Lastly, it is important to notice that the company is channel agnostic and whether the deal is done through brokers on the point of sale or through the internet does not matter much so disruption isn’t a big risk here.

The Inner Workings

There are 32 million people who are working in the UK. 12 million of whom have some impairment on their credit record. These impairments range from not paying the mobile phone bill to defaulting on loans. SUS’ average loan size is ~£6,000 and that will usually buy the customer a very good quality 3-4-year-old car that will last about five years and during that time it will serve the consumer very well. They like to lend against cars that have good fuel economy and are cheap to insure and maintain.

In the UK, lending at the dealerships is done mainly through brokers (85% brokers, 5% refinance, 10% direct). The brokers have incentive to close the financing but in the UK a broker that cheats will very quickly lose business as bad loans show up very fast in this business. So what keeps the dealers’ good behavior is the fact that they won’t be able to get away with passing bad business to the lenders. On top of that, I believe that the fact that SUS has its owners with boots on the ground ensures that the brokers know that SUS has long memory unlike other finance companies that experience high staff turnover and have short “institutional memory.”

While all players in this space have access to the brokers and to the same data sources that are used to make a decision, SUS uses its experience on top of that to find spots to lend where they know other financiers won’t go. To put that into numbers, SUS gets about 65,000 applications per month. 30% of those are approved in principle after 9.5 seconds by an automated system. However, out of those 20,000 applications, SUS will underwrite ~1700, or 3% of the total. As you can see, there is a lot of business to be done and SUS is very selective when it comes to lending.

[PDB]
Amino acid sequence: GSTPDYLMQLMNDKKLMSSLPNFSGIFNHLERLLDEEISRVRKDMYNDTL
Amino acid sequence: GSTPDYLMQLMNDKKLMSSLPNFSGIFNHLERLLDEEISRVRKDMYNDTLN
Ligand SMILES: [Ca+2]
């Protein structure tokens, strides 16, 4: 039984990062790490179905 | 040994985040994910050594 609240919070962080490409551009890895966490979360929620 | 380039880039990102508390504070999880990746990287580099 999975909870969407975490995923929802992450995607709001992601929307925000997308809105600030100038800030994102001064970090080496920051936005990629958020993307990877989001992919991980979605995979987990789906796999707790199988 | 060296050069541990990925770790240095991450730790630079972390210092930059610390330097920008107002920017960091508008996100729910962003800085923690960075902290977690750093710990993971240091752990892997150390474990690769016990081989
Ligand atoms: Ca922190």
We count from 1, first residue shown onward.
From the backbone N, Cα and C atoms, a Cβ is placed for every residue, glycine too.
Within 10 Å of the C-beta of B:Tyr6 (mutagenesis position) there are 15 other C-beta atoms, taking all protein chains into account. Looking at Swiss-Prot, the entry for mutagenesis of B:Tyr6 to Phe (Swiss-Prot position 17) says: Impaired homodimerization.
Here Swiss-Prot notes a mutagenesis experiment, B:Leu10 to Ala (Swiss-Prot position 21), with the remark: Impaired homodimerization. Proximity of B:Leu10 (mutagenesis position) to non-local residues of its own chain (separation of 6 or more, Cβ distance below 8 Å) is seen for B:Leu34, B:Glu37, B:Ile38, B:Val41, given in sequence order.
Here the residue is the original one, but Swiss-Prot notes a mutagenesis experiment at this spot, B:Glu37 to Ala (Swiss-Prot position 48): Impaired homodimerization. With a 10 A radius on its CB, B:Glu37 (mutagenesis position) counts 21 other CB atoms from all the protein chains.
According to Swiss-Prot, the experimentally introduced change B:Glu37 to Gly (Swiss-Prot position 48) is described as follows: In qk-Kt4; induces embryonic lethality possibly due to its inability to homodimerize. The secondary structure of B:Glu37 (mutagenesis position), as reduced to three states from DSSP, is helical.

Both of their main competitors aren’t focused solely on car finance and MoneyBarn, owned by Provident Financial has its fair share of trouble. The other competitor is Moneyway, which decided to pull out of the car subprime lending (not out of non-prime though) and has other segments in its business.

SUS usually lends about 90% of the car’s value. If the price of used cars drops it affects SUS as it repossesses some of the cars that it lends against. However, when prices drop, the consumer usually does not think about the value of the car in terms of the reference price but rather the utility value of the car. That is, they need a car to get to and from work etc. Also, if the customer decides to default, on top of the fact that his credit might degrade (remember, they do non-prime lending and not subprime so customers have something to lose when they default) SUS can still go after that customer for the rest of the loan’s balance!

Here is an example for what the company does (taken from company’s presentation):


One would expect a company with such characteristics to trade at a high PE that reflects the 20% growth that this business has been posting and the high-quality management. It indeed traded at around 16 times earnings until this ratio deteriorated to less than 10. The financial statements are pretty straightforward and easy to read, you can see them all here.

The company can easily earn north of 200p/share this year and given the current share price at the time of this writing (1982p/share) reflects a PE of less than 10, as I mentioned. Please note that unlike other companies, this company doesn’t adjust earnings. These are IFRS numbers, plain and simple.

Put the PE of 10 in perspective of 20% growth per annum, low gearing, high quality management with skin in the game and you get yourself a pretty bargain that can compound for many years in the future.